The long and tragic story of Linda was first revealed in
2000 by South African writer Rian Malan in a 3 part story in Rolling Stone. Malan's research suggested that the
song to date has probably earned about $15 million in
royalties. A few Americans made fortunes from the song originally
conceived by the Zulu tribesman, who died penniless. Linda sold
his rights for 10 shillings and a job in the packing plant of
the record company owner.
The Rolling Stone article memorably described the song's
The third take almost collapsed at the outset as the
unrehearsed musicians dithered and fished for the key, but once
they started cooking, the song was glory bound. "Mbube" wasn't
the most remarkable tune, but there was something terribly
compelling about the underlying chant, a dense meshing of low
male voices above which Solomon yodelled and howled for two
exhilarating minutes, occasionally making it up as he went
along. The third take was the great one, but it achieved
immortality only in its dying seconds, when Solly took a deep
breath, opened his mouth and improvised the melody that the
world now associates with these words:
"In the jungle, the mighty jungle, the lion sleeps tonight."
In the more than 65 years since then, the song has gone
through several transformations, but it always contained the
heart of Linda's original. Songwriting credits have been claimed
by non-existent names, and by producers who had no hand in the
for large image of the original record. Photo from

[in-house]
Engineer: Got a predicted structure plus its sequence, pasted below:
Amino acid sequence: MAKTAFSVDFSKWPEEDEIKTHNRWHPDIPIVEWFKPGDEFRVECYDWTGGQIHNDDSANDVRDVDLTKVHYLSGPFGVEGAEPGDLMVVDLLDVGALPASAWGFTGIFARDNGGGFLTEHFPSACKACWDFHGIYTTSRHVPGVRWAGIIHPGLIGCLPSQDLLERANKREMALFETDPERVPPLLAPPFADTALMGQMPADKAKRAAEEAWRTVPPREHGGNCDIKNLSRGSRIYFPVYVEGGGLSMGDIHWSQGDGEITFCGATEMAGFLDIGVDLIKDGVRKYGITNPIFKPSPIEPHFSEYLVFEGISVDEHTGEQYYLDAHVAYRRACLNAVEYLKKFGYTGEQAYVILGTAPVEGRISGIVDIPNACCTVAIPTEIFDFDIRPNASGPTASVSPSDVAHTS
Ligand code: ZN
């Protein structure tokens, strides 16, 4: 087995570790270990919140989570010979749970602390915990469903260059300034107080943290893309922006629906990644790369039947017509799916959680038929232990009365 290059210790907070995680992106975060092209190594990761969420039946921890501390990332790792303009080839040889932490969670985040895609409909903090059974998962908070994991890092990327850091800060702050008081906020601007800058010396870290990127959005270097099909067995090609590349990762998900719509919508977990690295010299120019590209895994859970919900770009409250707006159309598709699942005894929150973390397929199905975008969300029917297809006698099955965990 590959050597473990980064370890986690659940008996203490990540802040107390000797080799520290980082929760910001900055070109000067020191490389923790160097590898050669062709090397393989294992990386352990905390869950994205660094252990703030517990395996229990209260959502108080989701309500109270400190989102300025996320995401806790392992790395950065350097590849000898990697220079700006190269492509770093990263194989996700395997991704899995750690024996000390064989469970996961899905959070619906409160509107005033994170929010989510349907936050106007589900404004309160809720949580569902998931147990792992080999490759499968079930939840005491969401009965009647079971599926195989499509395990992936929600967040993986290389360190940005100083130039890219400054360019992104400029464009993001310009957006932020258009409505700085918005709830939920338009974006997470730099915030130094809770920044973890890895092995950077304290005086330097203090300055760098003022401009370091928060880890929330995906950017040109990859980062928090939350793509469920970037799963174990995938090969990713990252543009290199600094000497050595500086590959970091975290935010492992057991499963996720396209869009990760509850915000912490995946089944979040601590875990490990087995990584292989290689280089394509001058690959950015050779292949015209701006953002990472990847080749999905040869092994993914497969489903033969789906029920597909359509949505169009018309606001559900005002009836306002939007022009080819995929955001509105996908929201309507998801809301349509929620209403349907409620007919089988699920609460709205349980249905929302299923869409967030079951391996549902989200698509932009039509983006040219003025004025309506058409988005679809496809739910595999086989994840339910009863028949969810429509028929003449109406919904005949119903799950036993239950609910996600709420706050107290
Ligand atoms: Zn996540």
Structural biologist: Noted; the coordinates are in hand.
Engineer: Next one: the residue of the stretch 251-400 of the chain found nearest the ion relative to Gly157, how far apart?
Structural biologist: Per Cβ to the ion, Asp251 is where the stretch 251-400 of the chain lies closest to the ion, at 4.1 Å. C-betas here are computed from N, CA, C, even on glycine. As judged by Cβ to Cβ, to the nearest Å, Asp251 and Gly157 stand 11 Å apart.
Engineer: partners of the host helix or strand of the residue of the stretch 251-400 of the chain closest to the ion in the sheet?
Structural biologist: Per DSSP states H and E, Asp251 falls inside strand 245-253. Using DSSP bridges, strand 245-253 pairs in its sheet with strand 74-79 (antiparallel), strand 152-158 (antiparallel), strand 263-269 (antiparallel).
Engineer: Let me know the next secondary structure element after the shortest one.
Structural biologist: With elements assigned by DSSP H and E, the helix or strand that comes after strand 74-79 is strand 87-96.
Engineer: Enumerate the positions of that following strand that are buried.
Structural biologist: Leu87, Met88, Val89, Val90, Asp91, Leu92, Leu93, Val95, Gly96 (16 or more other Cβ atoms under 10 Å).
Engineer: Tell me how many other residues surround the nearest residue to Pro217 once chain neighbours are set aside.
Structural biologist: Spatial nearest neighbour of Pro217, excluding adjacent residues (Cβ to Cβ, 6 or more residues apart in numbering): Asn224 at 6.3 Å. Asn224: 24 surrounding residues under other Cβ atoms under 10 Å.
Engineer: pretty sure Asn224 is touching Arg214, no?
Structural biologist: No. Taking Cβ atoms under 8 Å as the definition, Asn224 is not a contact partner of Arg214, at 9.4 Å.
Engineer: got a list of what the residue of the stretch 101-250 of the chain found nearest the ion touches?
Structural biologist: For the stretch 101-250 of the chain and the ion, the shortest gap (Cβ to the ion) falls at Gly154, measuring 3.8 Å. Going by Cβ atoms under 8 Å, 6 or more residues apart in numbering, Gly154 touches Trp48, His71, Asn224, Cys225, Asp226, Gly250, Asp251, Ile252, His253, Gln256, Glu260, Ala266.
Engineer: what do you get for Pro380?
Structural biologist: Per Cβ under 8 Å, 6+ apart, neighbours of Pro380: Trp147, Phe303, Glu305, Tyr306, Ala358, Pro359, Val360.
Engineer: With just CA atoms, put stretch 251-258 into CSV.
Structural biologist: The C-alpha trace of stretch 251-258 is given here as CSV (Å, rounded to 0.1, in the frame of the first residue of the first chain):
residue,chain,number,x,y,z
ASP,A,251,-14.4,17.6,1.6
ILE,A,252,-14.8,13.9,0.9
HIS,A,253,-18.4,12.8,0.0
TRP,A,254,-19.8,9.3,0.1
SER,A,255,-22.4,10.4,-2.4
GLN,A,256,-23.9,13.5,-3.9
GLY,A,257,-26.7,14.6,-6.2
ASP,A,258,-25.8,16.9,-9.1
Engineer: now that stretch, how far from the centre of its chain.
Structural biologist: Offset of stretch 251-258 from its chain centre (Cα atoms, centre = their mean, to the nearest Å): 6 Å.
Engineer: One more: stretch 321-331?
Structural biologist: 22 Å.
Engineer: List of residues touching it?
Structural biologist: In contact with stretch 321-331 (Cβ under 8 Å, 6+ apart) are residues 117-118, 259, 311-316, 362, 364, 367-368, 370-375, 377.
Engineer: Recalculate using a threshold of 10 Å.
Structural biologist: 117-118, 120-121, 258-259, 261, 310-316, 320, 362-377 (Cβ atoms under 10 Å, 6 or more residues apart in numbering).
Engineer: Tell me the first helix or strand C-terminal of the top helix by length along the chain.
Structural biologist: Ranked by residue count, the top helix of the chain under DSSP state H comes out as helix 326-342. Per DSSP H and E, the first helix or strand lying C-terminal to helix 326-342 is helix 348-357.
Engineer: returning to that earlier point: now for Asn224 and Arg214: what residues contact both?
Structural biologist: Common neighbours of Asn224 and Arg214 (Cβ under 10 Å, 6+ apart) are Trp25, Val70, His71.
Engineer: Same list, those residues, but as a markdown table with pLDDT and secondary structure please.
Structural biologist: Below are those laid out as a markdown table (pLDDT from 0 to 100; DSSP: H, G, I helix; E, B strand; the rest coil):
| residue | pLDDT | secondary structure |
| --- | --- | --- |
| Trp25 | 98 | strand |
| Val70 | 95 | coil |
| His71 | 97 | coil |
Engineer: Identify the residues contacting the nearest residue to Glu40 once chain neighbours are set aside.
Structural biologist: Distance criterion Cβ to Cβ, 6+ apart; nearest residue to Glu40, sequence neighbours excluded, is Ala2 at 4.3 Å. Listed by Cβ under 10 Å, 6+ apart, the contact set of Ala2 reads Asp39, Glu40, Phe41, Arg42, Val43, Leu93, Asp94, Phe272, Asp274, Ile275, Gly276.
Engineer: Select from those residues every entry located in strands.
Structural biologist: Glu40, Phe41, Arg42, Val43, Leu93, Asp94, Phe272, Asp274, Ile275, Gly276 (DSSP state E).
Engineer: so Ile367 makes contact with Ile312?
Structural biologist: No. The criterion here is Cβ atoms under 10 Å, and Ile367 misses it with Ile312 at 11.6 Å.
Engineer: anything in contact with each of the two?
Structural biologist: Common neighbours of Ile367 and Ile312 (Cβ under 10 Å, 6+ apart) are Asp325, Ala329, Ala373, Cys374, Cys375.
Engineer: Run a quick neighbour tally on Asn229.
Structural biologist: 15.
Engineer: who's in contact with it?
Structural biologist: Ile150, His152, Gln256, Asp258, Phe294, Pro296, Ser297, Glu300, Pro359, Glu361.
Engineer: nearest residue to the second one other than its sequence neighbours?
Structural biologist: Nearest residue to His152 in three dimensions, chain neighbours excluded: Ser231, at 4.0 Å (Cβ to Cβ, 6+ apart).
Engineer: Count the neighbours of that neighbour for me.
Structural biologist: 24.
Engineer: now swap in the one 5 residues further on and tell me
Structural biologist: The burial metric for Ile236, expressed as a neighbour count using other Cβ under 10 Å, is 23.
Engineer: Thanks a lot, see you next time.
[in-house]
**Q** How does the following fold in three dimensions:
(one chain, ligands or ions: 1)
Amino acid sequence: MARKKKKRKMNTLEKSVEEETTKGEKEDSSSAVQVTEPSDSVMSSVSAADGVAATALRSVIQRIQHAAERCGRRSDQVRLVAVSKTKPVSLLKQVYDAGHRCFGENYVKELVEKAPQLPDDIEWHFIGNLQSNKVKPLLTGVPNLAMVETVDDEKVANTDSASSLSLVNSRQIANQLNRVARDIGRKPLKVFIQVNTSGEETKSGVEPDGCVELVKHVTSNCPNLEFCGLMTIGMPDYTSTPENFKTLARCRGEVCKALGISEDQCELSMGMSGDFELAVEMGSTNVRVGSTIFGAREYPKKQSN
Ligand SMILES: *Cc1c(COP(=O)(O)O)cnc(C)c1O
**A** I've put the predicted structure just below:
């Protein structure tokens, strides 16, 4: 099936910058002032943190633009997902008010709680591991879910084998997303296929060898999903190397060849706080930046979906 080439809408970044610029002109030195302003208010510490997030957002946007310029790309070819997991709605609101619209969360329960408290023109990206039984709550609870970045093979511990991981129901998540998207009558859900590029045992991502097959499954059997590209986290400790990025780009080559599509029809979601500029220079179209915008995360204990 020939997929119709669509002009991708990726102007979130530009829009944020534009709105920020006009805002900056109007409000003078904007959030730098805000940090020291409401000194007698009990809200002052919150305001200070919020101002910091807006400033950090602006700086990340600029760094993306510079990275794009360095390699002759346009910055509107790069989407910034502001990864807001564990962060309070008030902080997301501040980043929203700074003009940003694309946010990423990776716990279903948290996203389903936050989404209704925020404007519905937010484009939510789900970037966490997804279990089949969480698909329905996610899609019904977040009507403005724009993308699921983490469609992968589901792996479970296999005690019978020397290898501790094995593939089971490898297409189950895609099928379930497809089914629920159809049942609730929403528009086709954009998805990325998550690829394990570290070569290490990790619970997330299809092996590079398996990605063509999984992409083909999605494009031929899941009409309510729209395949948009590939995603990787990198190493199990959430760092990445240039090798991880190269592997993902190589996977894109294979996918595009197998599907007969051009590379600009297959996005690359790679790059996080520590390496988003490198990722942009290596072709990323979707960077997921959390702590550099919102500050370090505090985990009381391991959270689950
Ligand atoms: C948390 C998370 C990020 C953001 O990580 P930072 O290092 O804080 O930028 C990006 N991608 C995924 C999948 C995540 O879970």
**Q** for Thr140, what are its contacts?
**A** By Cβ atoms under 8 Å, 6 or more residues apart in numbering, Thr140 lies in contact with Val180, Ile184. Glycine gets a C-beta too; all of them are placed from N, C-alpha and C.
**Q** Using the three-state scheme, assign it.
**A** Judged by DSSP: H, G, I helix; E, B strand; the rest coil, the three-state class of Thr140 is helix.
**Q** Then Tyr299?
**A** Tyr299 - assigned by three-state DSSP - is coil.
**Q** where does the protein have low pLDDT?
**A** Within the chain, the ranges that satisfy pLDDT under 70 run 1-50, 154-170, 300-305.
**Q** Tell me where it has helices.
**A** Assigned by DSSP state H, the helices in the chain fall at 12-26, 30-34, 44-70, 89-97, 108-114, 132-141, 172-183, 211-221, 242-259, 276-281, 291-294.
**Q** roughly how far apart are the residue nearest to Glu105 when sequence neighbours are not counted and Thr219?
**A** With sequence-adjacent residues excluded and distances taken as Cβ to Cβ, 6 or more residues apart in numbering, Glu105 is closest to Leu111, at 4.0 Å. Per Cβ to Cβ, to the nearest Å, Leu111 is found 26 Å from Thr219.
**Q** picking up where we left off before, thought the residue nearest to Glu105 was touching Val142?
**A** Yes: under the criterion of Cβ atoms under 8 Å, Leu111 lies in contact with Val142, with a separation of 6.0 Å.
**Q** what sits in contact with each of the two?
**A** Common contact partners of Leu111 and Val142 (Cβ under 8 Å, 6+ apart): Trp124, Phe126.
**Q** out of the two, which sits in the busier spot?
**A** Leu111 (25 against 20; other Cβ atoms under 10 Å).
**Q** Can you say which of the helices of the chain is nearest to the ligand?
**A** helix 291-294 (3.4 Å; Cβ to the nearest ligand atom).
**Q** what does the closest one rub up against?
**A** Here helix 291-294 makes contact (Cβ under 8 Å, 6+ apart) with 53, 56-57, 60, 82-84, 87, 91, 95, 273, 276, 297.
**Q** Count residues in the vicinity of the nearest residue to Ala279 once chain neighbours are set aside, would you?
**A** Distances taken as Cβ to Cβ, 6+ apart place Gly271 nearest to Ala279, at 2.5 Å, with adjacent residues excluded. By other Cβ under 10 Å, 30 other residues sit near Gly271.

3rd Ear Music).
Linda's original was a big hit in South Africa, and in the early 50's, Pete Seeger discovered it, mis-heard the
lyrics, and transcribed the chorus as "Wimoweh". His version
with the Weavers started as a hit, but was derailed in the Red
Scare. (He and the Weavers had been denounced as Communists in
the infamous House Un-American Activities Committee hearings).
Others continued to record Wimoweh. In the early 60's, a
re-worked version with new lyrics was recorded as the "B" side of a single by
the Brooklyn group, The Tokens. A few radio stations flipped the
single, and the rest is history. Walt Disney Productions eventually took the
new song to Broadway, and really big money began to roll in.
Occasionally, a few efforts were made to acknowledge and
original writer. Some seemed legitimate (e.g., by Seeger);
others may have been made to divert legal attention.
It wasn't until February of 2006, that a settlement was
reached with Linda's heirs.
- The Rolling Stone
(in three parts) that first revealed the story
- A more concise version of the story
- This blog
has full mp3 versions of Linda's original, "Wimoweh"
by Pete Seeger and the Weavers, and by Yma Sumac (a
Peruvian-Hollywood singer), and the huge
- A YouTube video of a much older Tokens group reliving
their moment of glory